Skip to main content

Moving away from build.xml (and towards Maven2)

Posted by michael_n on April 11, 2005 at 4:17 AM PDT

A little background: At a conference some time ago (ommitting details, protecting innocents), a self-proclaimed Java / Open Source advocate Speaker was commenting on his build process: with a gleam of pride in the eye, he described a complicated (and "cool") system of symbolic links to keep things organized and current. End users? Downloading the most recent jars should keep you in good shape. Co-developers? Consider getting a "real" OS that supports symlinks (sorry, cygwin users, no-go).

"What about Maven??" I ask.... knowing the "right" answer. The speaker casts a wary glance my way: and without really responding, poo-poos that idea. (Since this was (one of many) off-topic digressions, I didn't pursue the thread...)

So, I thought I'd post a few notes in the ol' blog about Maven (perhaps a little series). 'Cause, once upon a time, I was in the exactly same "state of development" as that speaker. (We all walk a long path, grasshopper.)

Presently, I'm not going to do (yet another) tutorial, how-to, or rah-rah; there's plenty of those. I just want to give some context to the flood of technical information (and code) that's out there.

First, people ask, "Should I be using Maven?" The answer is pretty simple, really:

  1. if it's more work not using Maven, then, yes, use Maven (as opposed to that system of symbolic links, etc). Maven quickly and cleanly handles the external dependencies of your project.
  2. if you're causing more work for your users (ie, other developers, people building your project), then, please, take the time to look at Maven. I only need so many copies of Xerces/Xalan/Junit/etc on my tiny laptop development machine (namely, one)...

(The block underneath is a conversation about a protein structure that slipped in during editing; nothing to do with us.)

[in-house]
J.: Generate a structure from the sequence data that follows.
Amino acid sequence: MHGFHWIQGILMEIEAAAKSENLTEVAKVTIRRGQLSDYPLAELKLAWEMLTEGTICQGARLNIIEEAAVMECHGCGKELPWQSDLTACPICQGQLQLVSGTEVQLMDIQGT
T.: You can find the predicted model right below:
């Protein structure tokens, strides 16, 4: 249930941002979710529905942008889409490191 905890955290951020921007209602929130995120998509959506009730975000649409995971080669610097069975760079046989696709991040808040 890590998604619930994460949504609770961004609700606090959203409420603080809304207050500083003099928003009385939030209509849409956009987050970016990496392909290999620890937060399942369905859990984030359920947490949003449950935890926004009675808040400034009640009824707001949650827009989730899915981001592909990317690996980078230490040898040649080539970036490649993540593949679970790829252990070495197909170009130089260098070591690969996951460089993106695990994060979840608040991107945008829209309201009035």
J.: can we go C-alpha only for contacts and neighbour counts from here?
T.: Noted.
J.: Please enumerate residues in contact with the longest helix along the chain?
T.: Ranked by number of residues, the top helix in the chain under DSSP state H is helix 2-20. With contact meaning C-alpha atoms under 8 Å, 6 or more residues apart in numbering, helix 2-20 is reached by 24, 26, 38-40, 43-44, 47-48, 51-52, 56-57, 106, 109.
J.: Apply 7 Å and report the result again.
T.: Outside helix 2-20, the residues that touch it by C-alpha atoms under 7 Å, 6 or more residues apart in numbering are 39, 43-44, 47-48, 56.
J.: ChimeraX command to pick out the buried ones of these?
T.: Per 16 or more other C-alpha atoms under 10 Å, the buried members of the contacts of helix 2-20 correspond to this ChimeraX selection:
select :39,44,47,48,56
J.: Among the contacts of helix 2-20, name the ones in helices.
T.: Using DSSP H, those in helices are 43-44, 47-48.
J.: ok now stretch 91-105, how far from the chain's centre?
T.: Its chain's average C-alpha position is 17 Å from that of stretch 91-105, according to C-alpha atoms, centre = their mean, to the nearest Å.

So, now that Maven 2.0 is in tech-review status, people will ask, "Should I be using Maven2?" Again, I'll skirt the issue (since it really depends on the project) and give some context:

  • Regardless of whether you're still using Ant, Maven or Maven2, we've learned some things : Scripting Can Get Ugly. See: Thousands of lines of xml "scripting" (build.xml files in Ant; Jelly, in Maven plugins; or, maven.xml files that look suspiciously like build.xml files). Yeah, the docs always suggested writing Java (beans) and a little scripting "glue" as a means of implementing substantial new functionality... but, "it wasn't substantial when I started..."
  • If you're using Maven or Ant today, see the Maven Best Practices document to be best prepared for Maven2 migration. Namely: don't write too much in maven.xml. Or, avoid one altogether. (Though, personally, I like a big ol' "Usage" statement in maven.xml as the default target, just to let people know what's going on.)

In short: if not adopting a certain technology takes more time than incorporating the technology into your project: then, by all means, sally forth. But also, consider others as well (esp. in open source community): if using a certain tool or technology is going to save others time and effort, then that will even have a greater payoff in the community as a whole.

Related Topics >>